WASHINGTON — The European Union presented a plan to reduce its agricultural tariffs, but the top U.S. trade official said it was not enough to reenergize the World Trade Organization’s Doha trade talks.

“We are a little discouraged today by the EU proposal,” U.S. Trade Representative Rob Portman said on a conference call with reporters on Friday. “It is a modest step in the right direction, but I just believe it’s inadequate to meet the promise of Doha.”

The deadlock over agriculture has held up other areas of the talks, which seek to ease trade barriers on industrial goods, such as apparel, and services.

The EU proposed to cut its average agricultural tariffs 35 to 60 percent, with an average of 46 percent. Using a different formula, Portman said the average cut was actually 39 percent, less than recent proposals from the U.S. and the Brazilian-led G20 countries.

In a statement, EU Trade Commissioner Peter Mandelson maintained the offer was “substantial” and opened up the markets in the 25-nation bloc to international producers.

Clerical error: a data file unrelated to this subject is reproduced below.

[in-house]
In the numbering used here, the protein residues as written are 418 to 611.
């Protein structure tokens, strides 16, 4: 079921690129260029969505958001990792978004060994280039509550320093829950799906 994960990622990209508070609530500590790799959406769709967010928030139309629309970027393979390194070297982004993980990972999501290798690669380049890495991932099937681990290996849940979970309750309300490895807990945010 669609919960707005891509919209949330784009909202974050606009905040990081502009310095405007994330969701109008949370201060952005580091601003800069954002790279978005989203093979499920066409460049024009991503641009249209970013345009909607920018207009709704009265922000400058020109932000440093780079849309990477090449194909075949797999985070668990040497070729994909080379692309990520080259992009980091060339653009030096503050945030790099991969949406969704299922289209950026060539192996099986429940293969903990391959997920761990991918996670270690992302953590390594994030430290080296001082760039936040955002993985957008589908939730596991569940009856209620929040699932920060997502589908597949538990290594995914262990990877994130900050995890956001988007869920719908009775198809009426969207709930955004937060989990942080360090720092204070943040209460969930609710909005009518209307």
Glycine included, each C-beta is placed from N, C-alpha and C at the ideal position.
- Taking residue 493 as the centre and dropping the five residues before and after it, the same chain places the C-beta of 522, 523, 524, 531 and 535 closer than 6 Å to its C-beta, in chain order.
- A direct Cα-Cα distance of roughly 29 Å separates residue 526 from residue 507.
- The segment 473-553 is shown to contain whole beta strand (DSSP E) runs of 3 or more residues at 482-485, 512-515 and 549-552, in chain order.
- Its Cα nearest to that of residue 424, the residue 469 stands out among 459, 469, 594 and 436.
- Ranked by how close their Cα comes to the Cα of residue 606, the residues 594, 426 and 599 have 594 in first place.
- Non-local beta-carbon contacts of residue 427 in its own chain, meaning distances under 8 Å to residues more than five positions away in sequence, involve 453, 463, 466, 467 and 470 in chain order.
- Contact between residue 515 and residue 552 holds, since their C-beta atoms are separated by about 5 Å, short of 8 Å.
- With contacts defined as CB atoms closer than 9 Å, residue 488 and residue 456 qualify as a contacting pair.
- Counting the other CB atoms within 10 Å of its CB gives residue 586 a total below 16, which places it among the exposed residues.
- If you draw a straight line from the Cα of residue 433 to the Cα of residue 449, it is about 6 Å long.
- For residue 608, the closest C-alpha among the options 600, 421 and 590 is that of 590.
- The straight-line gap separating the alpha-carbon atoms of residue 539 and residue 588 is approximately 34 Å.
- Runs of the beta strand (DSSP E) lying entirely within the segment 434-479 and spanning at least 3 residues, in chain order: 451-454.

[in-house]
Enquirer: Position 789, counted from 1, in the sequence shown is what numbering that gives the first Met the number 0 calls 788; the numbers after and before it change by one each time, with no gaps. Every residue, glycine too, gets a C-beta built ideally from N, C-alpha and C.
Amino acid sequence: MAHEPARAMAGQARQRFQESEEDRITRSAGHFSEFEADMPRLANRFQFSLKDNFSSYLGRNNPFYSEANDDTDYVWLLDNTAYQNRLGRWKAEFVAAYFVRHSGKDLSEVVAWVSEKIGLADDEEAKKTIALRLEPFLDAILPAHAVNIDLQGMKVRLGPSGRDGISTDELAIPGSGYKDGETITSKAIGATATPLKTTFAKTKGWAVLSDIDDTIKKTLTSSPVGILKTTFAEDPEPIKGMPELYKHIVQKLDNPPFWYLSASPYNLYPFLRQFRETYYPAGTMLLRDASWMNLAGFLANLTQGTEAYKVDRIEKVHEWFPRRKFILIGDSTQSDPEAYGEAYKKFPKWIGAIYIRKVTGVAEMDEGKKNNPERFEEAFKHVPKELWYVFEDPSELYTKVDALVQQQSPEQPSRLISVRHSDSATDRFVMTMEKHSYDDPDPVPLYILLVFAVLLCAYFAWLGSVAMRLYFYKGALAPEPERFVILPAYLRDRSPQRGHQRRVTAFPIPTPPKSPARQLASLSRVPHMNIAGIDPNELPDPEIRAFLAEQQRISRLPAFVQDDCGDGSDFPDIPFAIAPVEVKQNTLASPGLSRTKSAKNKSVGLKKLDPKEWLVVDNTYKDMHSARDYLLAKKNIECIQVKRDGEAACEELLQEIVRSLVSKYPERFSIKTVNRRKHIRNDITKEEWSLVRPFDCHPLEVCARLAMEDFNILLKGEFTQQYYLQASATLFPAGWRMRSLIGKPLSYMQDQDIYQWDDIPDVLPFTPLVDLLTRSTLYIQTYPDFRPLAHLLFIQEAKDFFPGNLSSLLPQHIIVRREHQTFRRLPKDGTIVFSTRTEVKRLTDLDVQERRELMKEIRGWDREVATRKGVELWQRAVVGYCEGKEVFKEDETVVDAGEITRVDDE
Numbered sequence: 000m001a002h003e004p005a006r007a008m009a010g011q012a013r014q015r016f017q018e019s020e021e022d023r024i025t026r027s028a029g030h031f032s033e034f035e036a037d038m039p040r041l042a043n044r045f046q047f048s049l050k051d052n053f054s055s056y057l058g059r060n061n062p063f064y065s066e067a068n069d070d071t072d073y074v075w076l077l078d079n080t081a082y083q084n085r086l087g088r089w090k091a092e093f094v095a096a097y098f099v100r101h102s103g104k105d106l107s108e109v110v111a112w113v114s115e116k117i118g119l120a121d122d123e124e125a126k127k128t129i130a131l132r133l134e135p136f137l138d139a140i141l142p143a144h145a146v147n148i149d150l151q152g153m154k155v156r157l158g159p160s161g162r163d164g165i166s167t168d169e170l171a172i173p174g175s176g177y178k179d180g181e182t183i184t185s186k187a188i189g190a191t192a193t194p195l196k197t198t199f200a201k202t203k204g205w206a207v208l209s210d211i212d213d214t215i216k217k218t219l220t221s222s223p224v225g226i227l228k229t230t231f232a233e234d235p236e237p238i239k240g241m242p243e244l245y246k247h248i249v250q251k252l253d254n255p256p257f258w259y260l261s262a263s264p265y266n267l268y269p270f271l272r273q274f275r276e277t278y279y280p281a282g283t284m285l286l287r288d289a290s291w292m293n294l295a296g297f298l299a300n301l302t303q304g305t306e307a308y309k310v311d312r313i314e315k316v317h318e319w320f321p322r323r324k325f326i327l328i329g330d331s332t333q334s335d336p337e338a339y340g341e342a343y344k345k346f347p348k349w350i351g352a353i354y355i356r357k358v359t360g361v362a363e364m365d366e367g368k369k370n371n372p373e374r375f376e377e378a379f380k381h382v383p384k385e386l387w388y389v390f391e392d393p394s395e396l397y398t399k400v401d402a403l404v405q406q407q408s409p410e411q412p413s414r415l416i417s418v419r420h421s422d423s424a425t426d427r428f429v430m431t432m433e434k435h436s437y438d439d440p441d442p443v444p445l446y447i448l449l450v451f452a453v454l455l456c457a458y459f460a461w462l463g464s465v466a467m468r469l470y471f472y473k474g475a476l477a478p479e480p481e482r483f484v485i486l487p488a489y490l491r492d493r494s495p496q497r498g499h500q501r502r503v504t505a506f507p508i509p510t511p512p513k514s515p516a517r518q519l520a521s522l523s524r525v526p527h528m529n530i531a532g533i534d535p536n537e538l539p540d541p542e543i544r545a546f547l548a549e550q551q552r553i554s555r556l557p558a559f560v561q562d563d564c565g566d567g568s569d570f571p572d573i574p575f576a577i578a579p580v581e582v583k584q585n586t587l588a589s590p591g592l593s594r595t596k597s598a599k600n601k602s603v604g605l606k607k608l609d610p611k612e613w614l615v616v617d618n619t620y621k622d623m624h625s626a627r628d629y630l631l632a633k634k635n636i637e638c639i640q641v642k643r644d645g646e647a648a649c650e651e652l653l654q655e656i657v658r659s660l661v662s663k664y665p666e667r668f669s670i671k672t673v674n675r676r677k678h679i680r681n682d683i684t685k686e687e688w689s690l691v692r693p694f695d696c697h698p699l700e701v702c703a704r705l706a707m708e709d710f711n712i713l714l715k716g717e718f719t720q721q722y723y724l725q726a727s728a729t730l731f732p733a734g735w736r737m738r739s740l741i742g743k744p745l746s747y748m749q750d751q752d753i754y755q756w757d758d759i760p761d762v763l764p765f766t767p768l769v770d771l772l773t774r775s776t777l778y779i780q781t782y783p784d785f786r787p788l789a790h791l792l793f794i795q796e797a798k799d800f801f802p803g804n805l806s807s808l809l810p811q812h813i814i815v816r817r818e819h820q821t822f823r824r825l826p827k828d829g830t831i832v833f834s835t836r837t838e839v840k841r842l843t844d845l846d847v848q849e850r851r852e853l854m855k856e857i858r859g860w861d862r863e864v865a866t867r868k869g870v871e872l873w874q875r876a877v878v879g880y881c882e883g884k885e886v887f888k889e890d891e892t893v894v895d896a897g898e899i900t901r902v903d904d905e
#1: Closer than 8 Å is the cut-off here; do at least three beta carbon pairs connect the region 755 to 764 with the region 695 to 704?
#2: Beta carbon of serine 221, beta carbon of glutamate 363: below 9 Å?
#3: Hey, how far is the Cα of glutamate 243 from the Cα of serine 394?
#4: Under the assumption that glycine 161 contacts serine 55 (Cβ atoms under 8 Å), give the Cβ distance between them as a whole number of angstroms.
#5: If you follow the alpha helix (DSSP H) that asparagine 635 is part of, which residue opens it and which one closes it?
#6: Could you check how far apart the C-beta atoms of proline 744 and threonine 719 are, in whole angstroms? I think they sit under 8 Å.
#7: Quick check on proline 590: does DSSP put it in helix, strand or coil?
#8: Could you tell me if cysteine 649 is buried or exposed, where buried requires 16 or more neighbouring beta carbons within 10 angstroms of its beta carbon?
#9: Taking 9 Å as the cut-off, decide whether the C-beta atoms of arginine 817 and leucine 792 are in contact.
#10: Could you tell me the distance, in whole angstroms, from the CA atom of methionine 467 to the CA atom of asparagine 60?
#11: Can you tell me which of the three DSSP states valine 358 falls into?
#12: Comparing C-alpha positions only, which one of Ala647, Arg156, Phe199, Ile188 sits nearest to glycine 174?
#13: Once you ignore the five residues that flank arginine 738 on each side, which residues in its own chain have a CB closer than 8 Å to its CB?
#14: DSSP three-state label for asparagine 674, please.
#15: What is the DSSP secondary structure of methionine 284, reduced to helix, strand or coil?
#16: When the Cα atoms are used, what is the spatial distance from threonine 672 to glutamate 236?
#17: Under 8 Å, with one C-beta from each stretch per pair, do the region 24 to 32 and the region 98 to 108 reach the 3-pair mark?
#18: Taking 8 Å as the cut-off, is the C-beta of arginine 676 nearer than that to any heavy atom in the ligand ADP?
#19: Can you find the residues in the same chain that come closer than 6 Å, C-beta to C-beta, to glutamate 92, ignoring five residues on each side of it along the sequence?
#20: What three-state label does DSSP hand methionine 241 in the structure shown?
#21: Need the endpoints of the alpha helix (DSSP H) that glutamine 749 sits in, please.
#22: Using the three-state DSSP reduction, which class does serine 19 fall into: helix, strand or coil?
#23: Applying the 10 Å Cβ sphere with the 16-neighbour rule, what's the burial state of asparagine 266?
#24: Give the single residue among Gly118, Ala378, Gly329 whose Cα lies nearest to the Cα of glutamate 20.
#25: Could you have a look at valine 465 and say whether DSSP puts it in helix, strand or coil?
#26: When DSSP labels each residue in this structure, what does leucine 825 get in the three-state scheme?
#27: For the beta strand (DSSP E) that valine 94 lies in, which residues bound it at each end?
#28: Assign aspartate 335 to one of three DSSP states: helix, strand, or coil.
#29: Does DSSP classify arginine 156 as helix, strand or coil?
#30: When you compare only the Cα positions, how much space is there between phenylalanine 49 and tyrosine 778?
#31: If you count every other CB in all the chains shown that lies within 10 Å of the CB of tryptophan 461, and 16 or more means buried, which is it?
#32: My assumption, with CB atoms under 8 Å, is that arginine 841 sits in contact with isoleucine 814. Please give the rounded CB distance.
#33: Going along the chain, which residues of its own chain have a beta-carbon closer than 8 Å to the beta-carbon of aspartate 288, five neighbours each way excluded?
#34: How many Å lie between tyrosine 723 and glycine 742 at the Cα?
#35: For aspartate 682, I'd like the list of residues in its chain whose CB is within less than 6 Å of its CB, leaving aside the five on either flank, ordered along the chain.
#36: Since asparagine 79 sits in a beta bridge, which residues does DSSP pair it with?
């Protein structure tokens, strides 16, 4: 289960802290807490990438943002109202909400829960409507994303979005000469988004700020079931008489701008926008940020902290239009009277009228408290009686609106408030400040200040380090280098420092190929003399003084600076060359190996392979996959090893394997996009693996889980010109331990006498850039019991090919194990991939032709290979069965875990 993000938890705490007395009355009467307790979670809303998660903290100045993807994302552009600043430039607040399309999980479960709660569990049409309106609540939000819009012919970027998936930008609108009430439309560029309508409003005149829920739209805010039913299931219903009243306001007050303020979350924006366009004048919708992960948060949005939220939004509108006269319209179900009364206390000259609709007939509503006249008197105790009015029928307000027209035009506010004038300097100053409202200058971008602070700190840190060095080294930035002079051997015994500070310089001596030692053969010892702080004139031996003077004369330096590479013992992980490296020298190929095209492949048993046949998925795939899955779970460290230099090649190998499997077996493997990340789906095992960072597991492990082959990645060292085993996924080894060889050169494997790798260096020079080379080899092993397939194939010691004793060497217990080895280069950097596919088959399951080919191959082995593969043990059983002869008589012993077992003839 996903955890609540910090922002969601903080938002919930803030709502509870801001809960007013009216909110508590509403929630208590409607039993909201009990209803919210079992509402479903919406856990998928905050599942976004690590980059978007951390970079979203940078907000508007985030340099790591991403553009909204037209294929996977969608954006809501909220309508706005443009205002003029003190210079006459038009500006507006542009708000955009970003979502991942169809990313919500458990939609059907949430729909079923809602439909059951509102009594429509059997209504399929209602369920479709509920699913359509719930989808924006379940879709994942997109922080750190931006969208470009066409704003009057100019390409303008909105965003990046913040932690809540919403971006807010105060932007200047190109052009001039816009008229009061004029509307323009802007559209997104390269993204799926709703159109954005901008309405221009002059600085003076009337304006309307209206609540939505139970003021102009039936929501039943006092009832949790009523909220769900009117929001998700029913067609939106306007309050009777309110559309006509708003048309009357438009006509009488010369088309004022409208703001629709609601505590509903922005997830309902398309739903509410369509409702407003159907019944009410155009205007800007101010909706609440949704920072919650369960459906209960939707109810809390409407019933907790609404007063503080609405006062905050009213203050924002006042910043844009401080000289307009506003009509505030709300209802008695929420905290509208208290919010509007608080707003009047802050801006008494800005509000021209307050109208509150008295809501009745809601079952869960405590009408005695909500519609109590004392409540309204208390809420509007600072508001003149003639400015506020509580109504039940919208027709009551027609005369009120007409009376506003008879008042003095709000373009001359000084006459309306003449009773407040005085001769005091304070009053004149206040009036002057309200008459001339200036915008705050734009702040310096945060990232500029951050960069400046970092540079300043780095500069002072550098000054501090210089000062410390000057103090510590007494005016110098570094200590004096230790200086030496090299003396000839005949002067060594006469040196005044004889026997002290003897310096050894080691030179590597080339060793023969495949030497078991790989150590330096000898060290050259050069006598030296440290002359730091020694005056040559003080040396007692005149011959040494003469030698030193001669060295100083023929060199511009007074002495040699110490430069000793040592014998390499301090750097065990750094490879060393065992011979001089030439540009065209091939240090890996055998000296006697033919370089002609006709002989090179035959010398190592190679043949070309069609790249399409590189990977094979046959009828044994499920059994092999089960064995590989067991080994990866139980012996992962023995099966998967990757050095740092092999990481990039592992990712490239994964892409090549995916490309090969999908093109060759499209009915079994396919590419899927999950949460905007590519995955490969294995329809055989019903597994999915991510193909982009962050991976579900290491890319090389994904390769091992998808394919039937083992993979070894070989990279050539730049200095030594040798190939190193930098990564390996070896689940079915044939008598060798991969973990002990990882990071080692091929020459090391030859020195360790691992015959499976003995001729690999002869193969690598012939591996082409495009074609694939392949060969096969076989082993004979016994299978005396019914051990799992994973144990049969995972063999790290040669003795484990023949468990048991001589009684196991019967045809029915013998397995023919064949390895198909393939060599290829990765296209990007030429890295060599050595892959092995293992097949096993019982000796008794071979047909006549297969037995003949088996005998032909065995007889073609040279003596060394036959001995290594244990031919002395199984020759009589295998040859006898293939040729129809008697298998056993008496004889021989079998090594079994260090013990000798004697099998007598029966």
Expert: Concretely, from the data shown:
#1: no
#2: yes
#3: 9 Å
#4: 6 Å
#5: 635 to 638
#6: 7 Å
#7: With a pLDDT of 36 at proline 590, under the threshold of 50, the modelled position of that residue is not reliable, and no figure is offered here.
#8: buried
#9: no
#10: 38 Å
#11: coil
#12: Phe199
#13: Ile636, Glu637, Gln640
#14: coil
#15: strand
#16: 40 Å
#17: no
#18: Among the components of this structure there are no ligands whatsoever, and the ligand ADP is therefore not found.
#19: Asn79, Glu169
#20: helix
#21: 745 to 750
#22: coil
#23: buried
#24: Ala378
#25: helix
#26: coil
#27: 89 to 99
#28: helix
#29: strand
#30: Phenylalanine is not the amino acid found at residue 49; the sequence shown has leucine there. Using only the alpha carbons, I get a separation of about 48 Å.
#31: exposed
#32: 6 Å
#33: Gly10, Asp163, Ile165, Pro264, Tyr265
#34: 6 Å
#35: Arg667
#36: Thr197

“Europe’s major partners need to understand that this offer is conditional on immediate movement in negotiations on trade in industrial goods and services, as well as in other areas of the agricultural negotiation,” said Mandelson. “These areas are important to Europe and to developing countries, and provide the only route to a balanced Doha outcome.”

Trade officials are readying themselves for a December ministerial meeting in Hong Kong, where they will try to lay the groundwork to complete the talks by the end of 2006. Past ministerials, in Cancún, Mexico and Seattle, were unsuccessful, partially because trade representatives failed to lay the proper groundwork going into the meetings.

“We need to intensify these efforts, not just in agriculture,” said Portman. “Both the developed world and the developing countries share the responsibility to step forward in all of these areas. We will not quit. We will not give up. The United States is convinced that a successful Doha Round is critical to economic growth globally.”

Portman said there might be a teleconference this week among some of the key players in the talks to try to narrow the differences.

This story first appeared in the October 31, 2005 issue of WWD. Subscribe Today.

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